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Government Resources: Environment, Climate, Geology, Energy, Animals and Ecology: Propane


What is Propane?

Also known as liquefied petroleum gas (LPG) or autogas, propane is a clean-burning, high-energy alternative fuel that's been used for decades to power light-, medium- and heavy-duty propane vehicles.

Propane is a three-carbon alkane gas (C3H8). It is stored under pressure inside a tank and is a colorless, odorless liquid. As pressure is released, the liquid propane vaporizes and turns into gas that is used for combustion. An odorant, ethyl mercaptan, is added for leak detection. (See fuel properties.)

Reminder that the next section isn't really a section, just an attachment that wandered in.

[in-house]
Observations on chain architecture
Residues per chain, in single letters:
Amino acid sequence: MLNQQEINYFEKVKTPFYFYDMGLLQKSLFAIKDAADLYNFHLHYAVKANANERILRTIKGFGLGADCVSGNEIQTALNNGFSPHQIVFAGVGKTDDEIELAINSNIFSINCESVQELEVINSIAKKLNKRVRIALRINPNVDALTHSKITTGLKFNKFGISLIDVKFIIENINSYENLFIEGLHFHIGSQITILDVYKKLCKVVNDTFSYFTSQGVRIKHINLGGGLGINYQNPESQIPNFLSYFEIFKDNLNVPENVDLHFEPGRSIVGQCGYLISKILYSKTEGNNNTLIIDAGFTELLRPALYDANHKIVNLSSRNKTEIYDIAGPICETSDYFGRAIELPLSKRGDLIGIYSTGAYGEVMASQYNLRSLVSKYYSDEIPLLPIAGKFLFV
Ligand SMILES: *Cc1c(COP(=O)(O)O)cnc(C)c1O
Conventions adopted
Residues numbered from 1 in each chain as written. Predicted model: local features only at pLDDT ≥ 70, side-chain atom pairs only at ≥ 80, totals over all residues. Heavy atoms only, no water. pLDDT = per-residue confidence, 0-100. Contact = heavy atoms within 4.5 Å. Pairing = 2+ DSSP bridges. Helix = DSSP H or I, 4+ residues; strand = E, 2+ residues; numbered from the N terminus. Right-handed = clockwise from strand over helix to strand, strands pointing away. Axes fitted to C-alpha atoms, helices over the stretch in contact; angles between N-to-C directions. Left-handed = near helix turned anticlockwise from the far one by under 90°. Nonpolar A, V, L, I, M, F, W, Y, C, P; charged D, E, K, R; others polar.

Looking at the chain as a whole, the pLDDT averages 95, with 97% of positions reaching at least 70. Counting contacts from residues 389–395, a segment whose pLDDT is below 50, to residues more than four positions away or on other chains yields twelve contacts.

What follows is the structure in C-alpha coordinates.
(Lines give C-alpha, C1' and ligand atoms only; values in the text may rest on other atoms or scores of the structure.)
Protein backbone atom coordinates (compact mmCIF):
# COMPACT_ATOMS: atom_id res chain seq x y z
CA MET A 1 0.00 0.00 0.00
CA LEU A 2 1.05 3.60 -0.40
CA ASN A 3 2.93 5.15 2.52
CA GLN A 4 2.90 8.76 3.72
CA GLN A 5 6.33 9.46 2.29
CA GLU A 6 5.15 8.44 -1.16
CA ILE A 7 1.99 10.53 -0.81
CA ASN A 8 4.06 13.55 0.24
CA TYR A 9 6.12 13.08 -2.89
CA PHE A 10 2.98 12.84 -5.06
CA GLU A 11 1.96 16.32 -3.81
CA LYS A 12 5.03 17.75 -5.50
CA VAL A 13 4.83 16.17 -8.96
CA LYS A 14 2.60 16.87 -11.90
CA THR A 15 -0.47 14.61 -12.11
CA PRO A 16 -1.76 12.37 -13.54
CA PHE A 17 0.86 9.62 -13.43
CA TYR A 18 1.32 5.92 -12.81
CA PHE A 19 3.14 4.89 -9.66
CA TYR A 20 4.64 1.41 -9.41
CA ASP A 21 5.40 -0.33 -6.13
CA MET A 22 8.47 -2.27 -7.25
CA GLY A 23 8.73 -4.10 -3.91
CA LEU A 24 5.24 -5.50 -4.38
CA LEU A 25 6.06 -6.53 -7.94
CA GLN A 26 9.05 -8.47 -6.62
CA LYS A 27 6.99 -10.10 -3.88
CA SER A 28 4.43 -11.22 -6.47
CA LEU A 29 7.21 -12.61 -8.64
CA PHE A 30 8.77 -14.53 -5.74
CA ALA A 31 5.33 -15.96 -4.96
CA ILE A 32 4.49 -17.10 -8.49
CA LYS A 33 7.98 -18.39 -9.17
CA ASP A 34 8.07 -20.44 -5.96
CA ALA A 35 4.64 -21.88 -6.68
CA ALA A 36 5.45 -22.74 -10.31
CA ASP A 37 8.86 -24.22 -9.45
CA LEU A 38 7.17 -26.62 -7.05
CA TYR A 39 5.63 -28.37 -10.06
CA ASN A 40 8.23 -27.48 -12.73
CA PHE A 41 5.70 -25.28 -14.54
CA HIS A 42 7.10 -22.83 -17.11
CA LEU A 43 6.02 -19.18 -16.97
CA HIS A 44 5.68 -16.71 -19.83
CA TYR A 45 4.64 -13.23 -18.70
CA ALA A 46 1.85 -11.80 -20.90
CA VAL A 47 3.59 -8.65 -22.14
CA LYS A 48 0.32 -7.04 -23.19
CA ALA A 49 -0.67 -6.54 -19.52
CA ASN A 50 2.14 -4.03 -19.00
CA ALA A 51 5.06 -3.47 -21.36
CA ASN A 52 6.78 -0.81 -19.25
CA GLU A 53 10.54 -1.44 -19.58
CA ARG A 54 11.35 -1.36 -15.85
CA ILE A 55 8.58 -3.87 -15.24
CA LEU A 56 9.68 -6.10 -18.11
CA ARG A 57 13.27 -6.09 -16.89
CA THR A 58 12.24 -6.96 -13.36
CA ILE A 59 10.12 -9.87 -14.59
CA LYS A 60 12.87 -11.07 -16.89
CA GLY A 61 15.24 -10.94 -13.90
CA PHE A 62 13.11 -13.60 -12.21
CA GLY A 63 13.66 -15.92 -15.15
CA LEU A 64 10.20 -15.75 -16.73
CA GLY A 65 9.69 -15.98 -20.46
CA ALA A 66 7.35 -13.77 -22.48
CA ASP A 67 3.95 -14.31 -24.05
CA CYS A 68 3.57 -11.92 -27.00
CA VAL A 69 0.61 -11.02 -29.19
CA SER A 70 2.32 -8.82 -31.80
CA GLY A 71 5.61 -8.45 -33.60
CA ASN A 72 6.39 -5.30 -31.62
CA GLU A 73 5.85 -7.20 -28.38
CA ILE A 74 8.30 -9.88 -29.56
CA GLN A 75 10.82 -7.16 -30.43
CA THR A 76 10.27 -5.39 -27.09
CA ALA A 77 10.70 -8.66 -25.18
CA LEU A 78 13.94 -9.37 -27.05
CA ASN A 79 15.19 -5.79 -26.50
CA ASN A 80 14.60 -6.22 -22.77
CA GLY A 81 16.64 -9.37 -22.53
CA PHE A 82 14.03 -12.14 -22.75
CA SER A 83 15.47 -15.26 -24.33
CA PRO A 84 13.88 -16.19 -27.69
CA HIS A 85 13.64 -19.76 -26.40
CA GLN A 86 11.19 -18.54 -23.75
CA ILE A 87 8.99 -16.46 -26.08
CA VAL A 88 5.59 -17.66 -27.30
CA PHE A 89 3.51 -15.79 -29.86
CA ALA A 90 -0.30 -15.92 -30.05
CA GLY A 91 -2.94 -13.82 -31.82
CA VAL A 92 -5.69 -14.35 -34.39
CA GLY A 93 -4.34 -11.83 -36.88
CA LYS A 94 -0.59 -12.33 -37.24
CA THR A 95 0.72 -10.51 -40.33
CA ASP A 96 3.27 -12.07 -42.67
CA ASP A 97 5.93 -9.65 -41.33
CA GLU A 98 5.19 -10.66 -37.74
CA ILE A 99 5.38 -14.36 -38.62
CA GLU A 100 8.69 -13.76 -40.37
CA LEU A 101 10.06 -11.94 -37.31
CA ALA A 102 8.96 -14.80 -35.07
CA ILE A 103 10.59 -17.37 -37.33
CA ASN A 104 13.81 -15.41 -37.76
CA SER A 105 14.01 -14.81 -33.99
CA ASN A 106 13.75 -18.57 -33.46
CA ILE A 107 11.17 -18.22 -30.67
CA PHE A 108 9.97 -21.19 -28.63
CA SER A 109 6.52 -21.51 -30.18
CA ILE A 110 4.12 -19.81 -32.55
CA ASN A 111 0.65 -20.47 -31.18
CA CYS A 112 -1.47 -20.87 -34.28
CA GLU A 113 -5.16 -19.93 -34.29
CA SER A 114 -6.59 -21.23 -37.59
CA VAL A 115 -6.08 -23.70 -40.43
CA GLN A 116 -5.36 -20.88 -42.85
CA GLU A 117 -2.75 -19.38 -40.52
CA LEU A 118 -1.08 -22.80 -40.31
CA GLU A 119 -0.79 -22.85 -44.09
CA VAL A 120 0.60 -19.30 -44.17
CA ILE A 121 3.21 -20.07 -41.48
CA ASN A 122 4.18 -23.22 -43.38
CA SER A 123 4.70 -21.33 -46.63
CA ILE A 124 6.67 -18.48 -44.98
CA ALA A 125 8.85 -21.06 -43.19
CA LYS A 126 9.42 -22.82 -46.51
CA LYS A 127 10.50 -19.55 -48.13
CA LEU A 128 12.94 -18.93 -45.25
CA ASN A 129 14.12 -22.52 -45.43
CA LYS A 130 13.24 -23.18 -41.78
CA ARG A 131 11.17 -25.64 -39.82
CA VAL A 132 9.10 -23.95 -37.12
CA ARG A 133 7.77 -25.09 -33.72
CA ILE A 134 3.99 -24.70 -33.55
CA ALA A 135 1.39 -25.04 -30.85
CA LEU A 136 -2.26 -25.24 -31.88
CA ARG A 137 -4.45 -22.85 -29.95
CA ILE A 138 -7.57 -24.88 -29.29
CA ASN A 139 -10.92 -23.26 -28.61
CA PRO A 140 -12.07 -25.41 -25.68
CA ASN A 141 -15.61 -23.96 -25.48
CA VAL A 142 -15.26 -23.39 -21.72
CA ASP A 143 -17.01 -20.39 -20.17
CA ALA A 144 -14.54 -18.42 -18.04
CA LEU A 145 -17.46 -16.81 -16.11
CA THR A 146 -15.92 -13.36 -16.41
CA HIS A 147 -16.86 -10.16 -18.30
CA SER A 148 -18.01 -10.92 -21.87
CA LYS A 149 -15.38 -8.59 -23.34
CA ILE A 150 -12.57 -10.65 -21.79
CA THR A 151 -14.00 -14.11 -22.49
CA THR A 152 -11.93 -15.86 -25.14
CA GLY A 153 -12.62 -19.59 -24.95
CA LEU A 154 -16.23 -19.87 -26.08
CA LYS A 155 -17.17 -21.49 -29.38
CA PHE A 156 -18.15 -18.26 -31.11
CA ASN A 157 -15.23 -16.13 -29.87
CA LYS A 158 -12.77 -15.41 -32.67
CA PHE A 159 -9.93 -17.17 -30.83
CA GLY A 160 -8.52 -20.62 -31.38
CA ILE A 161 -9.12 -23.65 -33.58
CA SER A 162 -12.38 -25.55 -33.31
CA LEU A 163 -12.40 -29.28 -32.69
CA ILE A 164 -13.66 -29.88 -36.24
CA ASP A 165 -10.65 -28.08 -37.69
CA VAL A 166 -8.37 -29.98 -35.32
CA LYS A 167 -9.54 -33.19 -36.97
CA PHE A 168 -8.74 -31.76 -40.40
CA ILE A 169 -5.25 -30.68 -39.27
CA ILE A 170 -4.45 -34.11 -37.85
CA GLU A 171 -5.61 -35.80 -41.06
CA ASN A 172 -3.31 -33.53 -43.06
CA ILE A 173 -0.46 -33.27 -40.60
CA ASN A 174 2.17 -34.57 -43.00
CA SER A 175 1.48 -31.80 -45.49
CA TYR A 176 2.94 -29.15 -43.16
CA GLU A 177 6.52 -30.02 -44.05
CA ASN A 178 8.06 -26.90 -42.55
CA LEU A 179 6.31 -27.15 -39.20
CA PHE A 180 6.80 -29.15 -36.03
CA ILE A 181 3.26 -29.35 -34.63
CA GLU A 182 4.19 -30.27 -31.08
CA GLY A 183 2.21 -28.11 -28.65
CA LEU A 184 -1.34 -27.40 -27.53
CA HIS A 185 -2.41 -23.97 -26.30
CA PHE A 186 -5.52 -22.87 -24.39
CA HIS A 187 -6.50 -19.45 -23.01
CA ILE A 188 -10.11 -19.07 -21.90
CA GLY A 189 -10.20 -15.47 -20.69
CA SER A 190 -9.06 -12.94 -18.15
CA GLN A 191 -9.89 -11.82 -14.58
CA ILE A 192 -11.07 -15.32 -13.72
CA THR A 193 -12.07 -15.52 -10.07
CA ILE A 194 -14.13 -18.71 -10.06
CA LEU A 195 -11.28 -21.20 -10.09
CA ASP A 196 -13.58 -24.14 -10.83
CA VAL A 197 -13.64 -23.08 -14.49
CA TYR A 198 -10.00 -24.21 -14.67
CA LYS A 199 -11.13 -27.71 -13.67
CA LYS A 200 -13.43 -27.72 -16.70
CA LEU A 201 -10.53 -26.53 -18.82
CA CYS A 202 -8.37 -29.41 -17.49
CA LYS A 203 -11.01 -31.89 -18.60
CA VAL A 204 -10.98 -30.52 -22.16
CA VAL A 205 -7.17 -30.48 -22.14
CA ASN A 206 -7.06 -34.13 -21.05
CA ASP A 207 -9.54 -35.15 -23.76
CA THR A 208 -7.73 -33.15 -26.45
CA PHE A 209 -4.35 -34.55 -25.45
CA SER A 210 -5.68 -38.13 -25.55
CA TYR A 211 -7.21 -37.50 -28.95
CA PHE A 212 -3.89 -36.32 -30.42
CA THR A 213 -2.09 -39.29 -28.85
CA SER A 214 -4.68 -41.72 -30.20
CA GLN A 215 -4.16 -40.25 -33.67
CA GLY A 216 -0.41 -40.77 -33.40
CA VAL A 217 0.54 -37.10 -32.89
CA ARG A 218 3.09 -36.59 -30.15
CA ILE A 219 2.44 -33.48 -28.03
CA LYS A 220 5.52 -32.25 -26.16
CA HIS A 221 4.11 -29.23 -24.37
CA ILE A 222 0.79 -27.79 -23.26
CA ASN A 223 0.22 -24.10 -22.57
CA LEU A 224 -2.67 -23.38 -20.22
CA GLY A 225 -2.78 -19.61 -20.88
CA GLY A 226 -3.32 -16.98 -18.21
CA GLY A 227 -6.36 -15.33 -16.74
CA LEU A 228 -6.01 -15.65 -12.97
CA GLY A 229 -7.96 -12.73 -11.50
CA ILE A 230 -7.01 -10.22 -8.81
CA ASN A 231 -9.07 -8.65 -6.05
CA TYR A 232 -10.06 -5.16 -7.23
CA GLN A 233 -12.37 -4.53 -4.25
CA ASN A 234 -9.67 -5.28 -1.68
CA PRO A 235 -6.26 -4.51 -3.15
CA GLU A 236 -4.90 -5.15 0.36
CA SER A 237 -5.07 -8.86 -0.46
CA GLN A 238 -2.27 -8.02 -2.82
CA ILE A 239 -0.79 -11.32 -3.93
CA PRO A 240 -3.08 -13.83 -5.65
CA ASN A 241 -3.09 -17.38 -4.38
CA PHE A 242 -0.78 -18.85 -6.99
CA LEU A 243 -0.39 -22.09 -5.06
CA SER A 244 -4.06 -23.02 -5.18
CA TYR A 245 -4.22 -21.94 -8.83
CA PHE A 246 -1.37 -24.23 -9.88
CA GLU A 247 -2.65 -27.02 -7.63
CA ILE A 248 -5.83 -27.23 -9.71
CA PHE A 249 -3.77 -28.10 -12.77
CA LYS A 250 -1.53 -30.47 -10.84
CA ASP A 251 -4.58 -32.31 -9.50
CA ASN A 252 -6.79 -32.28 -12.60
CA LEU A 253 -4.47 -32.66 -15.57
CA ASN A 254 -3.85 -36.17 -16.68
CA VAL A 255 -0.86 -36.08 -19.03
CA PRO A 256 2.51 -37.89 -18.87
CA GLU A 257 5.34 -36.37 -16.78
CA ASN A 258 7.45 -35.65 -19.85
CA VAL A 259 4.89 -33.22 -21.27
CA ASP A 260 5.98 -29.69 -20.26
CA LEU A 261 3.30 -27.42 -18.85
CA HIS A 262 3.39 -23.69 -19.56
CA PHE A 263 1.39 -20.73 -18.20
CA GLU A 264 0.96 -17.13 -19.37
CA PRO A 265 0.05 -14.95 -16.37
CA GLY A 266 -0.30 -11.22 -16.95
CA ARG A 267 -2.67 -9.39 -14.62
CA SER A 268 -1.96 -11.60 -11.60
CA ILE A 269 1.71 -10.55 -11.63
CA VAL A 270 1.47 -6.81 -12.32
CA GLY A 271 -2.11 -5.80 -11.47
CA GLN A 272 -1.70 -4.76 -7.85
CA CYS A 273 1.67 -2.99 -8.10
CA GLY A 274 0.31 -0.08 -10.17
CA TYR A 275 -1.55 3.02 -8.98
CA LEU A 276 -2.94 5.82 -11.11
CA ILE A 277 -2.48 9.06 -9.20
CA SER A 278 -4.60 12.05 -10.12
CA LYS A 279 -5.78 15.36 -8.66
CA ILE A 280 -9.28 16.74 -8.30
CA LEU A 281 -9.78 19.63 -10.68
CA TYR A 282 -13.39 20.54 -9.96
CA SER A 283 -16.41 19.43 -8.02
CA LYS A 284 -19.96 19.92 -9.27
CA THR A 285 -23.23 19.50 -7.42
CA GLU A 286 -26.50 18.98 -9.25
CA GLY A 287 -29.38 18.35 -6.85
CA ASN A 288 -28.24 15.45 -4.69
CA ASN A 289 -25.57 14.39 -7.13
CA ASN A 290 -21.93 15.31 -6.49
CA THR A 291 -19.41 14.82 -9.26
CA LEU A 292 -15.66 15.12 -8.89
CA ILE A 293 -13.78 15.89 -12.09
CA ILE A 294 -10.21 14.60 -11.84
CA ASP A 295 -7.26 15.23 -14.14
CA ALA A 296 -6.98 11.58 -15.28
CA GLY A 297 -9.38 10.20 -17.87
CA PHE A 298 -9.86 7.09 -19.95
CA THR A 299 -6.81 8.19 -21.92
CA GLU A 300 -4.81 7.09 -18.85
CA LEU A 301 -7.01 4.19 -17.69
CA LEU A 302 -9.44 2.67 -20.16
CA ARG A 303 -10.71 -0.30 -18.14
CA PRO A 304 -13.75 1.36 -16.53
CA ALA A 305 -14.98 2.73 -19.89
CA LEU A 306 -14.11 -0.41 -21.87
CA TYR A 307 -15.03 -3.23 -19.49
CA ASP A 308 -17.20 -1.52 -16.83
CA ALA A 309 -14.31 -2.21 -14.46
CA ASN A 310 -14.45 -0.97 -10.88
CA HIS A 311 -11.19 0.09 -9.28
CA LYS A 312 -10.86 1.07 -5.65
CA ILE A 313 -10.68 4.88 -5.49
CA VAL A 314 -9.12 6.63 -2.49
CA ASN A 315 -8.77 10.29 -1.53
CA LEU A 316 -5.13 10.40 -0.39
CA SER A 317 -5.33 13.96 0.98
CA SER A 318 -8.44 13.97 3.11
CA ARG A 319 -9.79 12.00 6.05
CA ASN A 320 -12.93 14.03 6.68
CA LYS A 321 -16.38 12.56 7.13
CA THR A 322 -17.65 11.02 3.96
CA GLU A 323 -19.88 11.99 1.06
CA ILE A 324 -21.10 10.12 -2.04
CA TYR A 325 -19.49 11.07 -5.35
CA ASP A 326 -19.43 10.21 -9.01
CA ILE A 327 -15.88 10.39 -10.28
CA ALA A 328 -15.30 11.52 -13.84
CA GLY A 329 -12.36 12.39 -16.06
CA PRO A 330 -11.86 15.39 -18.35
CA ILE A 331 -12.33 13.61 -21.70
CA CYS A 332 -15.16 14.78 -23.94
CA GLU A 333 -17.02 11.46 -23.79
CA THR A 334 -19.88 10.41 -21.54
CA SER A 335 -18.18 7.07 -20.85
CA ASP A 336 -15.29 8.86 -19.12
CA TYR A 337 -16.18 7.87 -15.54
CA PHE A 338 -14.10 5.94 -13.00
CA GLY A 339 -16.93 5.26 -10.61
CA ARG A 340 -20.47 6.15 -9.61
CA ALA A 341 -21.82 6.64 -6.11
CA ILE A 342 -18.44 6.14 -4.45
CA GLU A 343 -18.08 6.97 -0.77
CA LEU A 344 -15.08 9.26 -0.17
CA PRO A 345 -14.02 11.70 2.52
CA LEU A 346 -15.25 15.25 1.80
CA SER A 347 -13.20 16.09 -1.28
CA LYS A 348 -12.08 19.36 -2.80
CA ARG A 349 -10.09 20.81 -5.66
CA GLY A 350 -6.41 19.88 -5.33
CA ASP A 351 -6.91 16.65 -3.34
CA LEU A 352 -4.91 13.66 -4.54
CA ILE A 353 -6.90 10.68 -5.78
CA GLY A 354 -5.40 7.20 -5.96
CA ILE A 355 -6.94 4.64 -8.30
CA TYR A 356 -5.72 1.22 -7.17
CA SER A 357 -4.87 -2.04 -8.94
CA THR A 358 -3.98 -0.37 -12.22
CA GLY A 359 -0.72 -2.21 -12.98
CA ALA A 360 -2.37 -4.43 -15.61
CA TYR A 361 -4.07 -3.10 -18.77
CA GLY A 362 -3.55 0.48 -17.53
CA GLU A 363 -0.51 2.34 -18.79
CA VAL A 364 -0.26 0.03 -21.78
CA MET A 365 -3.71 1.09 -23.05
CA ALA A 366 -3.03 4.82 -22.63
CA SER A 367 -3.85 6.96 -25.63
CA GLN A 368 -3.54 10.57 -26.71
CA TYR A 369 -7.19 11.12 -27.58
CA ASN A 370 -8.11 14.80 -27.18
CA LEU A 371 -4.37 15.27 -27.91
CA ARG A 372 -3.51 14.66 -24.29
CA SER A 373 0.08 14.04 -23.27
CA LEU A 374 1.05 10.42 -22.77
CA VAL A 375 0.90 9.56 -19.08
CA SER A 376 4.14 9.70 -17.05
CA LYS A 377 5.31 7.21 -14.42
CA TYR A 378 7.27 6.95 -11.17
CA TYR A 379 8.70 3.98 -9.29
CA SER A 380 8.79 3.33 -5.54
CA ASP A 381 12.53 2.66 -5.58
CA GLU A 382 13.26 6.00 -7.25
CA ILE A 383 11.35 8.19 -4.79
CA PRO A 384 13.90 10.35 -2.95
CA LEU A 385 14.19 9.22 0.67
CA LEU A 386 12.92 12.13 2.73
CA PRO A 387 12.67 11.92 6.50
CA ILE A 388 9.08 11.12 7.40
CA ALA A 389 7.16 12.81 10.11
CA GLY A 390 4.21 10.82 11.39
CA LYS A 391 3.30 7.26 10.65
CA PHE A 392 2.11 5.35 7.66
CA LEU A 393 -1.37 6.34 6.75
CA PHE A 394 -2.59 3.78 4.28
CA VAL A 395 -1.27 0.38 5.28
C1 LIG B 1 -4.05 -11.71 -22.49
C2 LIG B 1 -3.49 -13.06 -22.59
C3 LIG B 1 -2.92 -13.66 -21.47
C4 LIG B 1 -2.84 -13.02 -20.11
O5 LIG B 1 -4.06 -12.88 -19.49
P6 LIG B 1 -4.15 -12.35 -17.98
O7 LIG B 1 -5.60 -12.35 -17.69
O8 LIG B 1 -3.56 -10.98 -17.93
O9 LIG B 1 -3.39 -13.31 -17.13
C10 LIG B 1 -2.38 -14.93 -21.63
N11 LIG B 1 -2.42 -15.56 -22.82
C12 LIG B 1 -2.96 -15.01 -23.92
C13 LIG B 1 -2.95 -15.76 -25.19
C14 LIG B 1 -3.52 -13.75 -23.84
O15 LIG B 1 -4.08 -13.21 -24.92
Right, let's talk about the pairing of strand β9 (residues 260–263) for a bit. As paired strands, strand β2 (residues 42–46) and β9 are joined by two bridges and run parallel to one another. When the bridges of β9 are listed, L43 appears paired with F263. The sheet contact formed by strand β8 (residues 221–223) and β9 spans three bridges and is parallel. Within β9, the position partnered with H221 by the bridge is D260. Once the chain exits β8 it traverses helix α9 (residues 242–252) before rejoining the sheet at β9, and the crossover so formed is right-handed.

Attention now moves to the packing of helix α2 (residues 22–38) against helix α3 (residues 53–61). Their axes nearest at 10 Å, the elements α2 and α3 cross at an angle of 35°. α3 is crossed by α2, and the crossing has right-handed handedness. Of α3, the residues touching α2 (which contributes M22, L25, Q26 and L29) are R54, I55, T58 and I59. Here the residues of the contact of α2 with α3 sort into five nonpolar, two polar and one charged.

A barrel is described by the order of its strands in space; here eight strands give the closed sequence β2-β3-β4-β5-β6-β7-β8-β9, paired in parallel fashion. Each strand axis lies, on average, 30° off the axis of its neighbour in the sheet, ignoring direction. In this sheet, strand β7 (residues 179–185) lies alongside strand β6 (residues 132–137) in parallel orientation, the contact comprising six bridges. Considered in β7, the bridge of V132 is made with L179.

Propane has a high octane rating and excellent properties for spark-ignited internal combustion engines. It is non-toxic and presents no threat to soil, surface water, or groundwater. Propane is produced as a by-product of natural gas processing and crude oil refining. It accounts for about 2% of the energy used in the United States. Of that, less than 2% is used for transportation fuel. Its main uses include home and water heating, cooking and refrigerating food, clothes drying, powering farm and industrial equipment. Rural areas without natural gas service commonly rely on propane as a residential energy source. The chemical industry uses propane as a raw material for making plastics and other compounds. Source: Alternative Fuels Data Center

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